"Crappy is a good way to put it," said Kevin Jones of JL Sports.
Jones was Marcus Dixon's coach through his tenure at Stamford High School. A freshman at Westhill, Dixon joined Stamford High School's football team as a Sophomore.
Jones is reeling from the death of former football star following an accidental shooting Thursday night in which two of Dixon's friends witnessed the man place a gun to his head and pull the trigger. Police believe currently Dixon thought the gun was safe and are currently ruling the incident an accidental shooting.
"He had this really unique way of flipping back and forth between cliques at school," Jones said. "Everyone was somehow his best friend.There are a lot of different kinds of people at Stamford High School. He was somehow friends with all of them."
Jones reflected on the adversity Dixon faced early on in life, overcoming a father who dumped him in the city of Stamford to fend for himself to finding a home with his adopted family, the McInerneys, and then joining football.His talent would take him far.
"Football came easy to him. You couldn't work him to hard and he'd never quit," Jones said. "He was transient, had no parents. He was abandoned. And he found out the field was a great equalizer. It was his vehicle that allowed him to work through a lot of that. You didn't have a background on the football field."
Jones said to watch what Dixon worked through and overcame be squandered on a moment of poor judgement is almost too much to admit is reality.
"I want to go to the hospital and have someone tell me this is going to be just fine," Jones said. "The finality of this situation is a tough pill to swallow. It's hard to put into words the disappoint of watching him overcome everything he's been through and have it end like this."
At approximately 6 p.m. Thursday evening, a former Stamford High School sports star who went on to play at West Point died in a tragic accident while fooling around with a handgun, Capt. Richard Conklin said Friday.
Marcus Dixon, 22, who was homeless before being adopted by the McInerney family on Haviland Road at 15. He had just moved with a roommate two weeks prior to the residence in the 800 block of Stillwater Road where the tragedy occurred.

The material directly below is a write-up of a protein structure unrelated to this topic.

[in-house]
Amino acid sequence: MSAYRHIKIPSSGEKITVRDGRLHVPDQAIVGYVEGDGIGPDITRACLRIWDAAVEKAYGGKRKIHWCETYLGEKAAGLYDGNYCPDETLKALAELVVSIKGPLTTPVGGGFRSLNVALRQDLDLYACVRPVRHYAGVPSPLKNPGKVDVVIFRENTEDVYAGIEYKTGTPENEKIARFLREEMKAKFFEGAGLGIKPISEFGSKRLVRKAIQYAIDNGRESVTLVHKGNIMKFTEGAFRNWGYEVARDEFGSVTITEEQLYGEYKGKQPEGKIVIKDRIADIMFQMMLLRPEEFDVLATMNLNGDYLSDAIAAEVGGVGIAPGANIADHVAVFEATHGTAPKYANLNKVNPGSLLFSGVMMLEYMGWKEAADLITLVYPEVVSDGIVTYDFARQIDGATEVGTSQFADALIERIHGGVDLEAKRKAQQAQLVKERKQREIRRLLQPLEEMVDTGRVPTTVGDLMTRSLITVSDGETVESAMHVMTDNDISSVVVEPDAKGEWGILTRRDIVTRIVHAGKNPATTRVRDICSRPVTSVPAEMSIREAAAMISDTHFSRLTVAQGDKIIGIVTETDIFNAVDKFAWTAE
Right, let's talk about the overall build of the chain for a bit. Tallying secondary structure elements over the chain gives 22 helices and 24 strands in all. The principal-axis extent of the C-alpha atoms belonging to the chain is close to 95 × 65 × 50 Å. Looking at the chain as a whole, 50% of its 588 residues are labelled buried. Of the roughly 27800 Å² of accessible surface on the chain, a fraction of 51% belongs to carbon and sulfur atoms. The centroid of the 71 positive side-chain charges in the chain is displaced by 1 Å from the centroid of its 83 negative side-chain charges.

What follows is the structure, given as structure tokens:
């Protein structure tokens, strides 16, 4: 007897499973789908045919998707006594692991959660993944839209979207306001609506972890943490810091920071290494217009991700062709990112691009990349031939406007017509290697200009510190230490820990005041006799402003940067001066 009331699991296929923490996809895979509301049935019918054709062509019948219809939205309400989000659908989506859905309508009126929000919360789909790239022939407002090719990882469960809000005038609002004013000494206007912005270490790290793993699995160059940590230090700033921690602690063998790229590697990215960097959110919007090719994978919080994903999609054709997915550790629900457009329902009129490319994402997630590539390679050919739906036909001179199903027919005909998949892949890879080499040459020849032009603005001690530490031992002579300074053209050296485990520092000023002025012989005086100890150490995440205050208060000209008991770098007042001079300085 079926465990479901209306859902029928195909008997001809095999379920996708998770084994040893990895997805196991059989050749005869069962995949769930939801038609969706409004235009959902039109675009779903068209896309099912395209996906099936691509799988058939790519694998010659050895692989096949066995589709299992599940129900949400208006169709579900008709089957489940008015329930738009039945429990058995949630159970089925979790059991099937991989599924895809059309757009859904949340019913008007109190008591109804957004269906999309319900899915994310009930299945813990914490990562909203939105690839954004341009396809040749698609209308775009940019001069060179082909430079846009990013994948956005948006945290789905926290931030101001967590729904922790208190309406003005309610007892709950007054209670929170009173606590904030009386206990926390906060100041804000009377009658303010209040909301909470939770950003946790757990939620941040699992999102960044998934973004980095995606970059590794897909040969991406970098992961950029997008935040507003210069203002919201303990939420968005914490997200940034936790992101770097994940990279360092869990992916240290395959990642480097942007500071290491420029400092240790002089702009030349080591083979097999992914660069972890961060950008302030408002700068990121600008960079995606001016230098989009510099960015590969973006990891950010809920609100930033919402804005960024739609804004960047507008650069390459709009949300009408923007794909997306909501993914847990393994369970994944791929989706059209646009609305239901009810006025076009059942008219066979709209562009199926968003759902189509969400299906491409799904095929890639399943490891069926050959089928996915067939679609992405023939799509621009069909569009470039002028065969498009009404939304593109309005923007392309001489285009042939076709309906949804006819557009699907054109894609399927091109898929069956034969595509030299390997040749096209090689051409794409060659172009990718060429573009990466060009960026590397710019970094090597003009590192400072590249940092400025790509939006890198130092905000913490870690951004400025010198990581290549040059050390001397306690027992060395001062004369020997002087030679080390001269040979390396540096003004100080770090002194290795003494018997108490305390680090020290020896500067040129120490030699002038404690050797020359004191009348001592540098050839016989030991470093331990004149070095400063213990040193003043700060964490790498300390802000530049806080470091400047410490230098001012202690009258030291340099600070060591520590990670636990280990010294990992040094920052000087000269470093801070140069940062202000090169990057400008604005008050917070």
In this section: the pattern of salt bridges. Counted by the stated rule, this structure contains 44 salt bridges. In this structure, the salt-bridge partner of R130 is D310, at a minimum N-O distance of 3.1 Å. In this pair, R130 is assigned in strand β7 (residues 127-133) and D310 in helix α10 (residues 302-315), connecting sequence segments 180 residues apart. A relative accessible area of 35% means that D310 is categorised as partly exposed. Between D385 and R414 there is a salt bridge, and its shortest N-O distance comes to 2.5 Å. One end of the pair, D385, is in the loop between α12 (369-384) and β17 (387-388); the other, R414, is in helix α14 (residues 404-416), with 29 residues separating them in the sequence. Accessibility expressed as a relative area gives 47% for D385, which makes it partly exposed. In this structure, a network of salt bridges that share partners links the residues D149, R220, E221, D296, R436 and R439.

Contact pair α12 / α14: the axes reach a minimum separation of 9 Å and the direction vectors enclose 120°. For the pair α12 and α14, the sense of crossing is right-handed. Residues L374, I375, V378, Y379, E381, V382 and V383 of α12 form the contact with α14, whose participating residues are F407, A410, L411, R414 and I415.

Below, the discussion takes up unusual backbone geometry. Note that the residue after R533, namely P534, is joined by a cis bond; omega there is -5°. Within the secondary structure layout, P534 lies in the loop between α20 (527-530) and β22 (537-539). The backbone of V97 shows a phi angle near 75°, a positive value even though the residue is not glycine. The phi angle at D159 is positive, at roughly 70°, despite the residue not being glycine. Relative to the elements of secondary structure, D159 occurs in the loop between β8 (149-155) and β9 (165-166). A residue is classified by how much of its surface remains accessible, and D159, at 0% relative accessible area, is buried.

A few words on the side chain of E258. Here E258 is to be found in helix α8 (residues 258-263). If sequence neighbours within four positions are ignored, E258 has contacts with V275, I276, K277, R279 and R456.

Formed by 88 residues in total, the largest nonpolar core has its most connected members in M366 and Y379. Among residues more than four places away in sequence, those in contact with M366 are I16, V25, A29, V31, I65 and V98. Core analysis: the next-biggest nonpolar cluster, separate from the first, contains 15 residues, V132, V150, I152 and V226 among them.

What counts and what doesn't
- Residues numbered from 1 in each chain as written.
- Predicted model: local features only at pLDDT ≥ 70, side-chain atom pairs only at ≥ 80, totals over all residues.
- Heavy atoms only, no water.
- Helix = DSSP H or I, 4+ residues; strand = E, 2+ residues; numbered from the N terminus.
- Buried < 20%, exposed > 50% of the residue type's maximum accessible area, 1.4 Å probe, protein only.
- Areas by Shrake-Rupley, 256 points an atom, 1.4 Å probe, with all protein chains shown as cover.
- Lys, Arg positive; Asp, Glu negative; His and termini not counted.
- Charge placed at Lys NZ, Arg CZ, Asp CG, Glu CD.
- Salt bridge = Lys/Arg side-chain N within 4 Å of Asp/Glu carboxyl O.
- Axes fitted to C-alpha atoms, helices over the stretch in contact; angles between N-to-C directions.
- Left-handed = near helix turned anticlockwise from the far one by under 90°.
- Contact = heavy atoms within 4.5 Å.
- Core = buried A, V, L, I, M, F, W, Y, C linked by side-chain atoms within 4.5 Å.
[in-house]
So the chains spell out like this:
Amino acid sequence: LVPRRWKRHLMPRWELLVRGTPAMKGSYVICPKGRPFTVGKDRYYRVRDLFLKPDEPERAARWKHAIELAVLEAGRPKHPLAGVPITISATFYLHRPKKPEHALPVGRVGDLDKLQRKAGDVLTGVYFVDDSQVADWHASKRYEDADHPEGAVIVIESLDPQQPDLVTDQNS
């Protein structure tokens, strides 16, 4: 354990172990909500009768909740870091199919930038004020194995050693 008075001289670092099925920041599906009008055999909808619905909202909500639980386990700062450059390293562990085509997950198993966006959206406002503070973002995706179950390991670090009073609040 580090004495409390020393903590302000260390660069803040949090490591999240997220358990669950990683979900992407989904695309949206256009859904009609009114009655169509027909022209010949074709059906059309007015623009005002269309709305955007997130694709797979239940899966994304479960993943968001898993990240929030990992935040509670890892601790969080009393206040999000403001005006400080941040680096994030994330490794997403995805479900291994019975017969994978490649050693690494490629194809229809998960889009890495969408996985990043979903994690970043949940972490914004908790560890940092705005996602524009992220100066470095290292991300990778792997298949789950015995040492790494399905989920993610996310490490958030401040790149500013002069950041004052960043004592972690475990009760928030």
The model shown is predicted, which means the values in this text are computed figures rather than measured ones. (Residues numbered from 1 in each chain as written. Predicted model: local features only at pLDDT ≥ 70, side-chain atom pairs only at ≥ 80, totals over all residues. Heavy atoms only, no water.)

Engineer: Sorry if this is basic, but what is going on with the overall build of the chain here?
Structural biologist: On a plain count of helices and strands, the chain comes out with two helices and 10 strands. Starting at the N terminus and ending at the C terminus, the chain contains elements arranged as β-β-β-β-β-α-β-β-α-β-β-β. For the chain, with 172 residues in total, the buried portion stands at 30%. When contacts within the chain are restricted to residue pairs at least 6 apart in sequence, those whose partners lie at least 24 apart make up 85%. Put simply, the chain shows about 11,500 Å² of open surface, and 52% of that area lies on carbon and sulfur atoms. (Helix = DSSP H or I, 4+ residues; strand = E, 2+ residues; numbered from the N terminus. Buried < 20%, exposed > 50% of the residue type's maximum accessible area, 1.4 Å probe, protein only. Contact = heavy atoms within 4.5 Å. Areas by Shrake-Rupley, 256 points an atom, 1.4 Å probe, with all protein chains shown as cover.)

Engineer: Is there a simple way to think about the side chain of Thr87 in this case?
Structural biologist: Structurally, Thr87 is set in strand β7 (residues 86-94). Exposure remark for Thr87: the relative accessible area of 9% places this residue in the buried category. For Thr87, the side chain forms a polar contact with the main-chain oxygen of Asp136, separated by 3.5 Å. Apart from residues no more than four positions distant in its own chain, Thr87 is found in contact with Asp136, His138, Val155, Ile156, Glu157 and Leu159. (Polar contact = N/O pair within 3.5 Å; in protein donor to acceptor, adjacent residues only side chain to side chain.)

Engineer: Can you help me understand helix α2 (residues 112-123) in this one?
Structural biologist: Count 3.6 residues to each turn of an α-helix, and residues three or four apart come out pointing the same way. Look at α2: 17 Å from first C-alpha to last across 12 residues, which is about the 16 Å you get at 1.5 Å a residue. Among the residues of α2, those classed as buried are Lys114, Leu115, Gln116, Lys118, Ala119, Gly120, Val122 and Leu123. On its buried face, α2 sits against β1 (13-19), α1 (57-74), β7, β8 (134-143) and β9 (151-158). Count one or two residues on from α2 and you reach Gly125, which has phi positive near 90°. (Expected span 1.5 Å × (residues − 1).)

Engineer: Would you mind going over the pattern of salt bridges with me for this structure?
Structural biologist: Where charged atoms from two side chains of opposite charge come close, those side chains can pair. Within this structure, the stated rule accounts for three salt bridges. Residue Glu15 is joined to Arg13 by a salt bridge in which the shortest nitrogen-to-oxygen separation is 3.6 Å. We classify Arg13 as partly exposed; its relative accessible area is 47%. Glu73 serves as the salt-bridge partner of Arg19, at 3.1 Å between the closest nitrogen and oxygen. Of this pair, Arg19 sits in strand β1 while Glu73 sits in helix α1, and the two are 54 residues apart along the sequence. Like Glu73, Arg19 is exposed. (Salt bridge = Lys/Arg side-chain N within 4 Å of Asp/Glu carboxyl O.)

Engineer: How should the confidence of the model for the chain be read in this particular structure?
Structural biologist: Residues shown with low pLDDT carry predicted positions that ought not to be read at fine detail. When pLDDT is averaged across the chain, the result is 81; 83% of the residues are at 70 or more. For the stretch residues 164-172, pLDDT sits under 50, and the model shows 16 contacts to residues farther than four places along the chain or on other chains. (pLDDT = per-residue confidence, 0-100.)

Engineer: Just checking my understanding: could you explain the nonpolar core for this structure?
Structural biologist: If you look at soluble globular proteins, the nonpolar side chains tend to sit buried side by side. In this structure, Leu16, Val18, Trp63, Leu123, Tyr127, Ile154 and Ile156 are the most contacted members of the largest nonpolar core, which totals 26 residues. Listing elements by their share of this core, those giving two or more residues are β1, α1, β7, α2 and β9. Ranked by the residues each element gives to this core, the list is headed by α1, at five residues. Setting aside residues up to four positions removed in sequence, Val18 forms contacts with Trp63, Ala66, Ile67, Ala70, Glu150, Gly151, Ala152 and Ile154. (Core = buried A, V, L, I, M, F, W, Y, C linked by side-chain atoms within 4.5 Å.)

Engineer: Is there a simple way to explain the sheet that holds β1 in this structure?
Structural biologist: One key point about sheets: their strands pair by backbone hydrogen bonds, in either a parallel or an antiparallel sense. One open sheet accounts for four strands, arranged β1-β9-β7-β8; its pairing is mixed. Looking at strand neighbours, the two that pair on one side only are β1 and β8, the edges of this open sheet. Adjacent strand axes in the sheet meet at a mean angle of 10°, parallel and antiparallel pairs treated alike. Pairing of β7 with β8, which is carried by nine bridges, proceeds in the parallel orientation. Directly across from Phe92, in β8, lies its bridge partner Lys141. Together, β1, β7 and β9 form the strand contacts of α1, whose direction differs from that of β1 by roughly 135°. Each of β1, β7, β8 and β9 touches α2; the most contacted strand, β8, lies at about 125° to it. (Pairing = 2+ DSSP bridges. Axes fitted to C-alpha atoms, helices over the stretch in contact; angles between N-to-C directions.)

"This is a very tragic type of situation," Conklin said. "This is a very shocking type of situation."
Conklin said Dixon was sitting with two friends and messing around with the gun. He said the mood was described as light and everyone was laughing. Conklin believes Dixon was under the impression the handgun was rendered safe when the magazine was ejected.
"Many semiautomatic handguns are safe when the magazine is ejected," Conklin said, explaining the Magazine Disconnect Safety that will stop a handgun from firing if the magazine is ejected. "That is not so with a Glock. With one in the chamber, it will still fire."
At some point in the conversation, after ejecting the magazine, Dixon pointed the weapon at his own head and pulled the trigger.
"The type of wound sustained would have killed him instantly," Conklin said.
Conklin said in order for Dixon to have owned the handgun, for which he had a permit, he would have had to pass an NRA safety course. Conklin noted Dixon would have also received additional firearms training at West Point.
"It's an ongoing investigation, but right now we're leaning toward accidental shooting," he said.
Dixon was in possession of a Complete Health & Injury Prevention (C.H.I.P.) card, which is used to signify someone with an interest in Connecticut law enforcement has passed the physical portion of the hiring regiment.